TDP chief N Chandrababu Naidu turned 69 on Saturday. Four decades in politics, he has fought many an election, pulled off a palace coup, and bounced back from the brink, helped along the way by lady luck. But the 2019 Assembly elections held on April 11 alongside the Lok Sabha polls in the state are different. They are unlike 2004 and 2009 when the Congress led by Y S Rajasekhara Reddy handed him shock defeats but left him in peace to pick up the pieces. 2019 is a battle of epic proportions where defeat is not an option. Not just for Naidu but also his opponent, 46-year-old Y S Jagan Mohan Reddy.
Why are the stakes so high? The reasons are many, and include personal rivalry and the long shadows of the BJP and the Congress—parties with little presence but determined to create space for themselves. To understand this House of Cards kind of politics, one needs to look at the larger picture from the perspectives of Naidu and Jagan. The latter began his journey a decade ago, impatient to step into his father’s shoes. Defying the then powerful Congress president Sonia Gandhi, he went on a yatra ostensibly to console families of those who had died of shock upon hearing of his father’s sudden demise, and floated his own party ringing the death knell for Congress in the then undivided Andhra Pradesh and paid the price for it.
The petitions filed against him in the High Court by Congress and TDP leaders put him under the CBI scanner and he had to endure a humiliating 16-month long jail time. Jagan later regrouped his followers and fought the 2014 elections tooth and nail—the division of Andhra giving him an opportunity to square off with Naidu. His inexperience coupled with Naidu’s reputation and strategy to ride on the Modi wave ably supported by actor Pawan Kalyan meant Jagan fell short. A resurgent Naidu did everything to deliver a mortal blow to his challenger’s party, luring 23 legislators and several leaders to the TDP.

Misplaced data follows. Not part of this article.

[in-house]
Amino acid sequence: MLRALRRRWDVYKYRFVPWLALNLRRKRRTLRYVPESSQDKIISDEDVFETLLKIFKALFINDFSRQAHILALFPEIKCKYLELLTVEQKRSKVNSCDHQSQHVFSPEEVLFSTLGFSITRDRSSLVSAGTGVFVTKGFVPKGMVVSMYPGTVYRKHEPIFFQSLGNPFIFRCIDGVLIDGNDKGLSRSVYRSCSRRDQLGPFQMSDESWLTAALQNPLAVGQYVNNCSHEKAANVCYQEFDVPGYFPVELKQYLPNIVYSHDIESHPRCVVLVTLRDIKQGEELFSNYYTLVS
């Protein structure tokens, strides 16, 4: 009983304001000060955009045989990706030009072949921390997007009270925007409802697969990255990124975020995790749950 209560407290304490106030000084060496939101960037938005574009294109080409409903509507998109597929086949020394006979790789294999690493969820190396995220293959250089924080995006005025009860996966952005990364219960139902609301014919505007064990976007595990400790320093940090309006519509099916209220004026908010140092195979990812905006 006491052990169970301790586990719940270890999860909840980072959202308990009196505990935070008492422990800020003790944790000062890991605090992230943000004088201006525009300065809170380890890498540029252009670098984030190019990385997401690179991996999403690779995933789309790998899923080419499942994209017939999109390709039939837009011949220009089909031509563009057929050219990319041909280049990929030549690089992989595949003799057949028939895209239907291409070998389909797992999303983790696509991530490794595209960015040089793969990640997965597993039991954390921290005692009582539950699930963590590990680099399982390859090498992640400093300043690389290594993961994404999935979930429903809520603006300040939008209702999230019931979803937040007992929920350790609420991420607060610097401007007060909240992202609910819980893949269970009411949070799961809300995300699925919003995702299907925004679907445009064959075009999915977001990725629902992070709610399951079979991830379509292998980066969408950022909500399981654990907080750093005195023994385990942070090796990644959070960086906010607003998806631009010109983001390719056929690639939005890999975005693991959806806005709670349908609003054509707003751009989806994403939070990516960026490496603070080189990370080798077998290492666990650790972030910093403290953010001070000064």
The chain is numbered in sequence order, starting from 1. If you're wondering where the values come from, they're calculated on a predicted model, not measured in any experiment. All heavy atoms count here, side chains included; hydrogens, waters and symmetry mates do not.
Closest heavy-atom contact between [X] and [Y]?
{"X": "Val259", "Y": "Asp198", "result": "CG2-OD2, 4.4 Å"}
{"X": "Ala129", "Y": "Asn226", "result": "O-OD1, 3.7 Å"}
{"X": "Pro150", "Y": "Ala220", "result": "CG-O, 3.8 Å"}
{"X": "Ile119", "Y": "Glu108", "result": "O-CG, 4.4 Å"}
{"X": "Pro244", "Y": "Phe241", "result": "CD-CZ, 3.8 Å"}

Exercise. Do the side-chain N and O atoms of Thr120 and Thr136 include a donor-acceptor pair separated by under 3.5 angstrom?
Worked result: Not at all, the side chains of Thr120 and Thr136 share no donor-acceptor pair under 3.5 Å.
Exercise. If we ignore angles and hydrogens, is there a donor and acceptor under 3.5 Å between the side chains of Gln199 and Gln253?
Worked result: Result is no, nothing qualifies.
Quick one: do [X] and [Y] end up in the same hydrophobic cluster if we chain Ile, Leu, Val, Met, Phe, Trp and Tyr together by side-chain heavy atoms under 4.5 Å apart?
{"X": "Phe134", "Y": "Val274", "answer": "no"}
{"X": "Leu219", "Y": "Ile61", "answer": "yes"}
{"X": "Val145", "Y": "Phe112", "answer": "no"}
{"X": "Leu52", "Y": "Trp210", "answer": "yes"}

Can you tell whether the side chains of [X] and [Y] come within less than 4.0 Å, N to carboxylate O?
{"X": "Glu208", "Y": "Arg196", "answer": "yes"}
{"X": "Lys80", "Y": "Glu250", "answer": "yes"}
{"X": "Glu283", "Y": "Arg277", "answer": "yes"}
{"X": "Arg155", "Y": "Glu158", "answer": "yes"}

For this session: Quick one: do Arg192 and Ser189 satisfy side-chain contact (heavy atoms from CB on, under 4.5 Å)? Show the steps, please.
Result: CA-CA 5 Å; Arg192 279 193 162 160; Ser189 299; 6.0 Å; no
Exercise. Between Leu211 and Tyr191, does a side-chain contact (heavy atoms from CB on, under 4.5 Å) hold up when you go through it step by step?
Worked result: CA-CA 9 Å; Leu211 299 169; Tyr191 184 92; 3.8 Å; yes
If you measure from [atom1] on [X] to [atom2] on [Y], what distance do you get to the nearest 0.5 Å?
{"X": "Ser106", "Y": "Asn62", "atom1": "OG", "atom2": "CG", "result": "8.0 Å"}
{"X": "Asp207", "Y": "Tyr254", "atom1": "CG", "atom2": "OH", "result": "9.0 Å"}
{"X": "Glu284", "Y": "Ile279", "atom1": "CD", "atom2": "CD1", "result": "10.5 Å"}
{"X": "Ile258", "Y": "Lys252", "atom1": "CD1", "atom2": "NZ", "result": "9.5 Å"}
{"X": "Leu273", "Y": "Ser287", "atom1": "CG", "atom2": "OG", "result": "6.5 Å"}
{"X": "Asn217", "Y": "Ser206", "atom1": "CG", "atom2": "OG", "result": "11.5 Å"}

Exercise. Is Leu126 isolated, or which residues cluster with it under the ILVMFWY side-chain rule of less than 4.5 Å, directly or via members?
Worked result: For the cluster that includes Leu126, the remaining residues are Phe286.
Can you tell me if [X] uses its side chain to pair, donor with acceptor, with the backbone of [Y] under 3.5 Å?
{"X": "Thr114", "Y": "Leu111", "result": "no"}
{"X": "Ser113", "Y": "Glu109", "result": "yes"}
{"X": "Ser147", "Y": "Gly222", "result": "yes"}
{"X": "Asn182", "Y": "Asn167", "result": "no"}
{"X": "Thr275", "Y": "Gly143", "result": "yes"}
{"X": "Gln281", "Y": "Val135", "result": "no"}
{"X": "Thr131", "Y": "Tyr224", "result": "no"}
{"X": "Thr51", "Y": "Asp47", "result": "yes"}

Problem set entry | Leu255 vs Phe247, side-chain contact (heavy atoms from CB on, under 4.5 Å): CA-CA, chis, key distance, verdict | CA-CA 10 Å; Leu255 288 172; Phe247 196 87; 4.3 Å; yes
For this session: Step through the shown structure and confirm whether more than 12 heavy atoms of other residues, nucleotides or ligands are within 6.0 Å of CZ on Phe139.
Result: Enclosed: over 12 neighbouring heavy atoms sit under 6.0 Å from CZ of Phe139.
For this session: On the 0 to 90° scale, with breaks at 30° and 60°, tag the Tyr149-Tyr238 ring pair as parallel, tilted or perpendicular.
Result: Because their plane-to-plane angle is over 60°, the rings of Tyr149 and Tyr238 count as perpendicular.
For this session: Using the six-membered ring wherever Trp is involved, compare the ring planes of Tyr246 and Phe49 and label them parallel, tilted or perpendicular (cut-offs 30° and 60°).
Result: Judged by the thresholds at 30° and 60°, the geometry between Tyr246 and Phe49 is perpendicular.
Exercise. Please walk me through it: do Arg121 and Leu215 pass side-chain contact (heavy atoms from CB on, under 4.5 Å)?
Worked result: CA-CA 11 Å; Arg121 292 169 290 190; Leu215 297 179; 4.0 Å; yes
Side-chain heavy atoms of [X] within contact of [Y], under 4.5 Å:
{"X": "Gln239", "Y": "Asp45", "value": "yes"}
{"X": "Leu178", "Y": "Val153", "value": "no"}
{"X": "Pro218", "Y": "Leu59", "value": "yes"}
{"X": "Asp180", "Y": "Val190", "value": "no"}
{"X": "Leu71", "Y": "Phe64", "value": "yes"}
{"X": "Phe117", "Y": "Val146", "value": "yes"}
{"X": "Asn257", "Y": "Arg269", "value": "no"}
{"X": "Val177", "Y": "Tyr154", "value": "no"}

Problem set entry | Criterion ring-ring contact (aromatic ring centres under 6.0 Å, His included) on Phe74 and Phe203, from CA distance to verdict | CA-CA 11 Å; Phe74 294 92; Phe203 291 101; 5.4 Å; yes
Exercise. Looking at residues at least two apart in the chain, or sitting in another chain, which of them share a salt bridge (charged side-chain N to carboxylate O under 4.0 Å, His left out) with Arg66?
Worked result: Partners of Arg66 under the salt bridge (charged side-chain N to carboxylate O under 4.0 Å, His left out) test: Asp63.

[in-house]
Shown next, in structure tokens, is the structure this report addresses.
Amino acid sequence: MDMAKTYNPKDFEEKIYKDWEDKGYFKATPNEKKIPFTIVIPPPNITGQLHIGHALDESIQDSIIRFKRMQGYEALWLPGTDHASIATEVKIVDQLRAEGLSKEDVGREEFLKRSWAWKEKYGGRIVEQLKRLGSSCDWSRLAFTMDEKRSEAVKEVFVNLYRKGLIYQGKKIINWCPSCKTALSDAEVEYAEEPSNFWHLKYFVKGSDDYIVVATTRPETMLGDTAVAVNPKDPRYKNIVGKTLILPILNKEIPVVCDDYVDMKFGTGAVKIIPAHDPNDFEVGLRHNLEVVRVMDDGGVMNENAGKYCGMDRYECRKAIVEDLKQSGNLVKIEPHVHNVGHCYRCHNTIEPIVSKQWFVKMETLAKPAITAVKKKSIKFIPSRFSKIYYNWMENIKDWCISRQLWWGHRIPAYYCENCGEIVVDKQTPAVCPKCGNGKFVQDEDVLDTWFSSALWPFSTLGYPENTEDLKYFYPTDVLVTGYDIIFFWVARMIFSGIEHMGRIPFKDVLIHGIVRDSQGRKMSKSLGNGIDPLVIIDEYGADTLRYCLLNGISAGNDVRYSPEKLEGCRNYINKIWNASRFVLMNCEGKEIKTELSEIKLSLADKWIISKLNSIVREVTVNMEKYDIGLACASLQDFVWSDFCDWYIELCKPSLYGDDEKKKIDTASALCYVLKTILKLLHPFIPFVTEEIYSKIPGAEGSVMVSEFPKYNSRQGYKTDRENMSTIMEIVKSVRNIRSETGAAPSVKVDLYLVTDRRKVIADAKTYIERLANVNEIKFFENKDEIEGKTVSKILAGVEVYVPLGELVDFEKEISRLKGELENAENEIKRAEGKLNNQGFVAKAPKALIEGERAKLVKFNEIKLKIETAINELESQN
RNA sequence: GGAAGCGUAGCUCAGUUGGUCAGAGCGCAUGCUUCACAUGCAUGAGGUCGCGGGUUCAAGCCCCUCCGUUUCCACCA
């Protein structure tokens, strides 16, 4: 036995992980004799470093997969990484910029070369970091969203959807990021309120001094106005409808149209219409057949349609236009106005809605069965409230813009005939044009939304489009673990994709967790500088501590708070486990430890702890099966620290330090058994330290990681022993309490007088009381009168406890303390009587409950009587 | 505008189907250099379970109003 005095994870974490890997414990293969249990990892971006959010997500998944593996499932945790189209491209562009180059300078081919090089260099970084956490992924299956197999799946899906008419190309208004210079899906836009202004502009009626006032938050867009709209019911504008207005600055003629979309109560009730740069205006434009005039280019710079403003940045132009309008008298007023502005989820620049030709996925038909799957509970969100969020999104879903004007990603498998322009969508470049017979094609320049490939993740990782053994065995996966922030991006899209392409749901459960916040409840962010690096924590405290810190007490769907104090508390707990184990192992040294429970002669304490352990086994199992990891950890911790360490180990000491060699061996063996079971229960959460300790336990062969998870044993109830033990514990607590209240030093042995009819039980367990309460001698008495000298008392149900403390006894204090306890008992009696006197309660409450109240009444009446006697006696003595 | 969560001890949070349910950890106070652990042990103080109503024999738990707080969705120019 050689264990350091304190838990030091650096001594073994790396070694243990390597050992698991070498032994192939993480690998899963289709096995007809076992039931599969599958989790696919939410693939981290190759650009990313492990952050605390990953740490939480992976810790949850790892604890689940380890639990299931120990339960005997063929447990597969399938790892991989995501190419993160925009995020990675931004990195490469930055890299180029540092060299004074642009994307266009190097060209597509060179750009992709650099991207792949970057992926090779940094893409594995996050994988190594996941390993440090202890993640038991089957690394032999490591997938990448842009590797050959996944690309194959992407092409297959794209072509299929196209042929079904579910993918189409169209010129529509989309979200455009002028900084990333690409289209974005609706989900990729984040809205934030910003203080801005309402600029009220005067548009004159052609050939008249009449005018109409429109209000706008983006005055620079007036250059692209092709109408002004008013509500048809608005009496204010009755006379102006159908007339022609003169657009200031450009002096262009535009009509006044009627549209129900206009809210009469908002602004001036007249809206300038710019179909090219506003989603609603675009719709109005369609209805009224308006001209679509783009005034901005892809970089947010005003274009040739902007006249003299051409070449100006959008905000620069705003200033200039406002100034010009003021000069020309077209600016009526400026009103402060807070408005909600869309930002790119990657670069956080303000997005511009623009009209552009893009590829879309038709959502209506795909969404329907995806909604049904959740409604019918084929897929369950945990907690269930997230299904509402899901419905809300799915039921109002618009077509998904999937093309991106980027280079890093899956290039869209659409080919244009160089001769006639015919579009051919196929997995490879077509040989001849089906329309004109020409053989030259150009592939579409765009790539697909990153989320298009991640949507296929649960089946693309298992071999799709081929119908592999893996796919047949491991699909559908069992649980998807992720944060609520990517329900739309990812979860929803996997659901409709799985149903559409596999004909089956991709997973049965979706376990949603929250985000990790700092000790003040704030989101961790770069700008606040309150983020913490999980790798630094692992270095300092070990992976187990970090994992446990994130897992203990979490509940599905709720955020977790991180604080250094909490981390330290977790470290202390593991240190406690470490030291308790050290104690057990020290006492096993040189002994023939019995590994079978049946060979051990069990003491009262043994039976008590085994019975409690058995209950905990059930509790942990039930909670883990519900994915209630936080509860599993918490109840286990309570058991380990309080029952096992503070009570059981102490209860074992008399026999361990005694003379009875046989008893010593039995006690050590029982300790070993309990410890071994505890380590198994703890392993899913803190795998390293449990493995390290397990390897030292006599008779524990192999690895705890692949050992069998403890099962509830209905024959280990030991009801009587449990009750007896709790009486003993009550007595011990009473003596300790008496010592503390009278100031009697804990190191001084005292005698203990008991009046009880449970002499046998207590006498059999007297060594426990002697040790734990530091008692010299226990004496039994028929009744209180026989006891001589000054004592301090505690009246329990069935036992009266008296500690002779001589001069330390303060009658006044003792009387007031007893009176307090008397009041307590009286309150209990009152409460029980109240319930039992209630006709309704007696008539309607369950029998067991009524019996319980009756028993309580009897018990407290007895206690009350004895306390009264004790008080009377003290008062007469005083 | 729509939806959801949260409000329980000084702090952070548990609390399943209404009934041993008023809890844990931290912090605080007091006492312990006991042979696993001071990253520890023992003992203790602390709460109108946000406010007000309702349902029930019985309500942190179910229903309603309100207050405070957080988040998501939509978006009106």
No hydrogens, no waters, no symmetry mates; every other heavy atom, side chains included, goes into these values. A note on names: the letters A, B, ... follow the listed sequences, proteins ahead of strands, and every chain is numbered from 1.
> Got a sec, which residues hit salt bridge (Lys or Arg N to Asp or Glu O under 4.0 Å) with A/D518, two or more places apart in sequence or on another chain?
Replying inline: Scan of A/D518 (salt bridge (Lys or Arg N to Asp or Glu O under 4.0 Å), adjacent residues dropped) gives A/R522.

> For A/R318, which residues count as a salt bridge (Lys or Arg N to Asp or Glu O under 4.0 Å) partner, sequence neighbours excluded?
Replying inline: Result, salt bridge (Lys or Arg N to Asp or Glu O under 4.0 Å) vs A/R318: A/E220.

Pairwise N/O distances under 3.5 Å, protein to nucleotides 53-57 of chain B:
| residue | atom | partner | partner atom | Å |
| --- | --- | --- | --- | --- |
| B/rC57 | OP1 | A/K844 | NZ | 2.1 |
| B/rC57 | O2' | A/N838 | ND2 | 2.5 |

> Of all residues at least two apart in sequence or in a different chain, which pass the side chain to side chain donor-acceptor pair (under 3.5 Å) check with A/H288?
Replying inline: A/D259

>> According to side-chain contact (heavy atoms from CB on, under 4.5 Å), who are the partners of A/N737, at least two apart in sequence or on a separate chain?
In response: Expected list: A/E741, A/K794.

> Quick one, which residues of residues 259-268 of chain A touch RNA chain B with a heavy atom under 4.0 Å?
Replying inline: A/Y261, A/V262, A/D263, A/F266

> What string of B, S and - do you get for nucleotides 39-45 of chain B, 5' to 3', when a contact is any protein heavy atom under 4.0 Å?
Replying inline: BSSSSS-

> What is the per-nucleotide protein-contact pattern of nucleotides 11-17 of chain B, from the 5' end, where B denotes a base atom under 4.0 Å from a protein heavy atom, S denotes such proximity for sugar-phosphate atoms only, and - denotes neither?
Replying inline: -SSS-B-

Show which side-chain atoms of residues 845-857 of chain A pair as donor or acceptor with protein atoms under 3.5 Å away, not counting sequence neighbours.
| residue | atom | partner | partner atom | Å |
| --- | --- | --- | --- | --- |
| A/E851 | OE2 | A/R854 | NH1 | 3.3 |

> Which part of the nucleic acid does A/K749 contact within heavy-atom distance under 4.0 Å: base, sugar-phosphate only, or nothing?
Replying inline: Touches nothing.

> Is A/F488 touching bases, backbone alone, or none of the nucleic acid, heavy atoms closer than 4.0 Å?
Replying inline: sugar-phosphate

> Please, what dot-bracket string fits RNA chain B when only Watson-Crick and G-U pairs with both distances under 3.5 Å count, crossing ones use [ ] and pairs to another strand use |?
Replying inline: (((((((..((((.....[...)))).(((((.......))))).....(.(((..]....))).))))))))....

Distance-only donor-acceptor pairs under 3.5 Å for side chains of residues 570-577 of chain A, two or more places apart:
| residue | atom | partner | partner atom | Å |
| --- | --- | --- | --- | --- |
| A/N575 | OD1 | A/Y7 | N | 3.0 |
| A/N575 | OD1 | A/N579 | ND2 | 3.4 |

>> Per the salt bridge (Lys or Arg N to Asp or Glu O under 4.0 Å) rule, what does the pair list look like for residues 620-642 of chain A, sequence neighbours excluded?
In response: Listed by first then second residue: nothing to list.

Yet, Jagan persevered. He hired poll wizard Prashant Kishor and embarked on the longest padayatra (3,648 km) ever undertaken by a politician in independent India’s history. He was not just following in his father’s footsteps (YSR too had undertaken a padayatra ahead of the 2004 elections) but also owning his legacy and image—a feat that effectively gave him a new persona and appeal as a man of his word and a man of the masses. Kishor’s young turks brilliantly crafted his image with catchy slogans and songs and advised him on candidates’ selection —a multi-pronged effort that created a Jagan buzz. If Jagan cannot cross the rubicon now, he can never ever. A loss would mean desertions, with Naidu possibly engineering them while trying to expedite pending cases to ensure a conviction, ending Jagan’s challenge for good.
For Naidu, on the other hand, the nightmarish scenario is Jagan at the helm in AP, Narendra Modi at the Centre and K Chandrashekar Rao in Telangana. If that happens, Naidu will only have himself to blame. The heavy anti-incumbency is due in large measure to the free hand he gave his leaders, some of whom plumbed new depths to enrich themselves. The freebies he promised came too late in the day and his strategy of dividing the opposition votes with ample help from the Congress and Pawan Kalyan looks set to backfire.
A poll debacle would put him in the direct line of fire—Jagan has vowed to constitute a special investigation team to probe his alleged corrupt activities. Jagan’s supporters believe it would be poetic justice to do to Naidu what he did to their leader. In such a case, the TDP, in the absence of an able successor, to Naidu could be up for grabs—a prospect the saffron brigade is dreaming of. Naidu’s outbursts against the against the BJP and the Election Commission have been so acerbic that it makes one wonder if he will accept the verdict if it goes against him. Whether or not he does, the real war begins in Andhra on May 23.
Deputy Resident Editor, Andhra Pradesh